Run to the End of the World and the Zoo Too!

Twelve weeks had come and gone so fast.  In my spare time I had been training, running, getting read for the End of the World half marathon in Placencia, Belize.  This country’s only half marathon/full marathon.  I love to run, but I knew this island was not really designed for it, so I dedicated my exercise time to my other favorite, Crossfit, and ran but only once or twice each week.  As the year went on though, I really wanted to train for a distance race.  So, back in September, through impossible heat, then rain, through mud, and puddles the size of lakes I ran, tiptoed, and waded my way to my 13.1 mile (21 km) goal.

So the day before the race, we were up and off to what is the beginning of all trips, the ferry.  Somehow we scored a big covered boat and I tried to sleep my way to Belize city.

Ferry Ride

It was then into a rental car for the three and a half hour drive south.  Along the way we stopped in the tiny capital city of Belmopan and finally got to try the infamous Farmhouse Deli for lunch, and it did not disappoint!  Best carrot cake in a long time for sure. I hear they are soon coming to San Pedro.

Farmhouse Deli

The drive down the peninsula into Placencia was also the route for the half marathon, a point to point course starting to the north and ending in the village to the south.  Those running the full marathon would need to start in the village and turn around where I started, then run all the way back again.  We checked into the hotel and settled in for the night.

My alarm went off at 3:55 am on race day.  After eating the breakfast I brought along and double checking that I had everything I needed, I was getting out of the car at the start line before 5 am.  Enough time to check in, use the porta potty, and warm up.  My legs felt good.  Nervously I stood in the dark amongst the strangers at the start line, this would be the fourteenth time that I had lined up for a race of this distance or longer, but still I had the jitters.  Would it be hotter than I thought? Would there be enough water?  Did I run fast enough in those speedwork sessions?

Then we were off.  Immediately I was passed by the majority of the 167 runners in the race.  I was tempted to chase, but of course I knew better.  There was plenty of time for that.  For now I needed to stick to my goal pace.  I was not aiming for a personal best, I didn’t feel that I was in my best running shape.  But I didn’t come to play either, I came to do the best I could without the wheels falling off by mile 9!  Once the dawn broke I could start to see the views.  I soon ran past a private community that looked nothing like the real Belize, houses worth more than entire communities.  I then started to see the ocean on both sides of the peninsula with the sun rising on the left and little mountains behind the ocean on the right.  After having trained on cobblestones and pot holed dirt roads and hard cement slab, the asphalt felt like soft heaven under my feet for the first time in a year.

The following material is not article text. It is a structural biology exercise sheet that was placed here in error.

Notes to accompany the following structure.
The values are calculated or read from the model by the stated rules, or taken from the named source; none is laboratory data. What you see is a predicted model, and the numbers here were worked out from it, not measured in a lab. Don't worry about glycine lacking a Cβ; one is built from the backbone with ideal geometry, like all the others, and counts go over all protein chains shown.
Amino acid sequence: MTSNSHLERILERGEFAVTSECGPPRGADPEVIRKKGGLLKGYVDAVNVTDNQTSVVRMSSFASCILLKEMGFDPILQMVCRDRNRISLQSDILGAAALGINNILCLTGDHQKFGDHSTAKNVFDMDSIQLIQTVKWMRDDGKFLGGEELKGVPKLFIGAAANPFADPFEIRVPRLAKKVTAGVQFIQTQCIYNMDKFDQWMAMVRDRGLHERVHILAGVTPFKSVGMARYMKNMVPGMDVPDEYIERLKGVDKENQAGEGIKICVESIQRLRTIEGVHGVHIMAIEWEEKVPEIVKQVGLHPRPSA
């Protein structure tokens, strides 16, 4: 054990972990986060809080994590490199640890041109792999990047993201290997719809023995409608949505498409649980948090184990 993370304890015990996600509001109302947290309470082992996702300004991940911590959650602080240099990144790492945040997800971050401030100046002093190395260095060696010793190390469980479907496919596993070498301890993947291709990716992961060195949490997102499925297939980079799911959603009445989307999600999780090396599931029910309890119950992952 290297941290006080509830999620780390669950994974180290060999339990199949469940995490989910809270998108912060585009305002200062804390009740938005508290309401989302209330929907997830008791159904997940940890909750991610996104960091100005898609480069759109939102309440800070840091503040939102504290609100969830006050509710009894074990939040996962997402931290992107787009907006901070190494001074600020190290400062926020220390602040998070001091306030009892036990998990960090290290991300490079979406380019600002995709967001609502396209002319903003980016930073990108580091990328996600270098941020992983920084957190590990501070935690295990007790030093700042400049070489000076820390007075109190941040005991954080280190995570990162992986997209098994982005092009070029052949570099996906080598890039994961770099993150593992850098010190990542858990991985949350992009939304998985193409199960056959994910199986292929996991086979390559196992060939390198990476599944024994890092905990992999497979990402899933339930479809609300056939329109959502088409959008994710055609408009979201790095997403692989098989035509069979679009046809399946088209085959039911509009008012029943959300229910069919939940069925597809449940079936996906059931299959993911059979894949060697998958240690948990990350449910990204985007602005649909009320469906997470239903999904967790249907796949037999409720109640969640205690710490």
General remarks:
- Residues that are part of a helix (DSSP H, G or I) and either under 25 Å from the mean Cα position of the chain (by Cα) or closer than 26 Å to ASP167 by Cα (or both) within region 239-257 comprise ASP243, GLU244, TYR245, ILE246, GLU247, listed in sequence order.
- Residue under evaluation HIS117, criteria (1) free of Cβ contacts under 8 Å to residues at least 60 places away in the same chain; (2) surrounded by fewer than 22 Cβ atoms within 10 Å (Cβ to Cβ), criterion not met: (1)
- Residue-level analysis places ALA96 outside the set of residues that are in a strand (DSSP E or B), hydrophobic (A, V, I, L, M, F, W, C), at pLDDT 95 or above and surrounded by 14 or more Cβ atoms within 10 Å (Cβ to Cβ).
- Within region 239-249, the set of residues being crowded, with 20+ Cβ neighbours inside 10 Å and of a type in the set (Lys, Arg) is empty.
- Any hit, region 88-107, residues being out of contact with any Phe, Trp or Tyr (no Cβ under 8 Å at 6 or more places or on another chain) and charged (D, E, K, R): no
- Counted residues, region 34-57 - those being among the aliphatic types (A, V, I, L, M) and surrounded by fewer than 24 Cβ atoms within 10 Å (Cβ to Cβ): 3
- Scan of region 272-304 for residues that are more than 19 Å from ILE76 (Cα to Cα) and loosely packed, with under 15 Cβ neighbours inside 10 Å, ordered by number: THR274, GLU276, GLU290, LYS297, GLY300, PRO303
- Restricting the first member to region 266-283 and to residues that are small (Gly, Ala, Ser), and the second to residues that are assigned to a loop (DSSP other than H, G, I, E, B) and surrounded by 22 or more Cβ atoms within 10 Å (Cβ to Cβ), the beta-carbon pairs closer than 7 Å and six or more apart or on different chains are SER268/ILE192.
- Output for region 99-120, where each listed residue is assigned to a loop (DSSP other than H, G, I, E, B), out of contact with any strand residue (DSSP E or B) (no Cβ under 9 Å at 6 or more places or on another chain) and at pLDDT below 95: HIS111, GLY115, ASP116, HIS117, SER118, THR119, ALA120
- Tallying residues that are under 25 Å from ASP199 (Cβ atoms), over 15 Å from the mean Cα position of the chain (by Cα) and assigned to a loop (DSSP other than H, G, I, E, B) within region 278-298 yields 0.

Race Course Views 

Slowly but surely I began to pass other runners.  I often ran with two young Belizean guys that were near my pace.  Without really knowing it, they helped me a lot by providing a mental distraction to the physical pain.  Soon we were entering the gritty little community of Seine Bight.  The kids were up early on a Sunday morning to cheer us on.  I caught an american tourist from Denver there and stayed with her for a few minutes.  It was still a little too early to push hard if I had to, plenty of miles left for that.  She let me know she thought she was in 4th for the ladies and that made me 5th.  She told me she went out hard to run as far as she could before the sun came up but now she was hurting.  Then I pulled away and she didn’t follow.


Seine Bight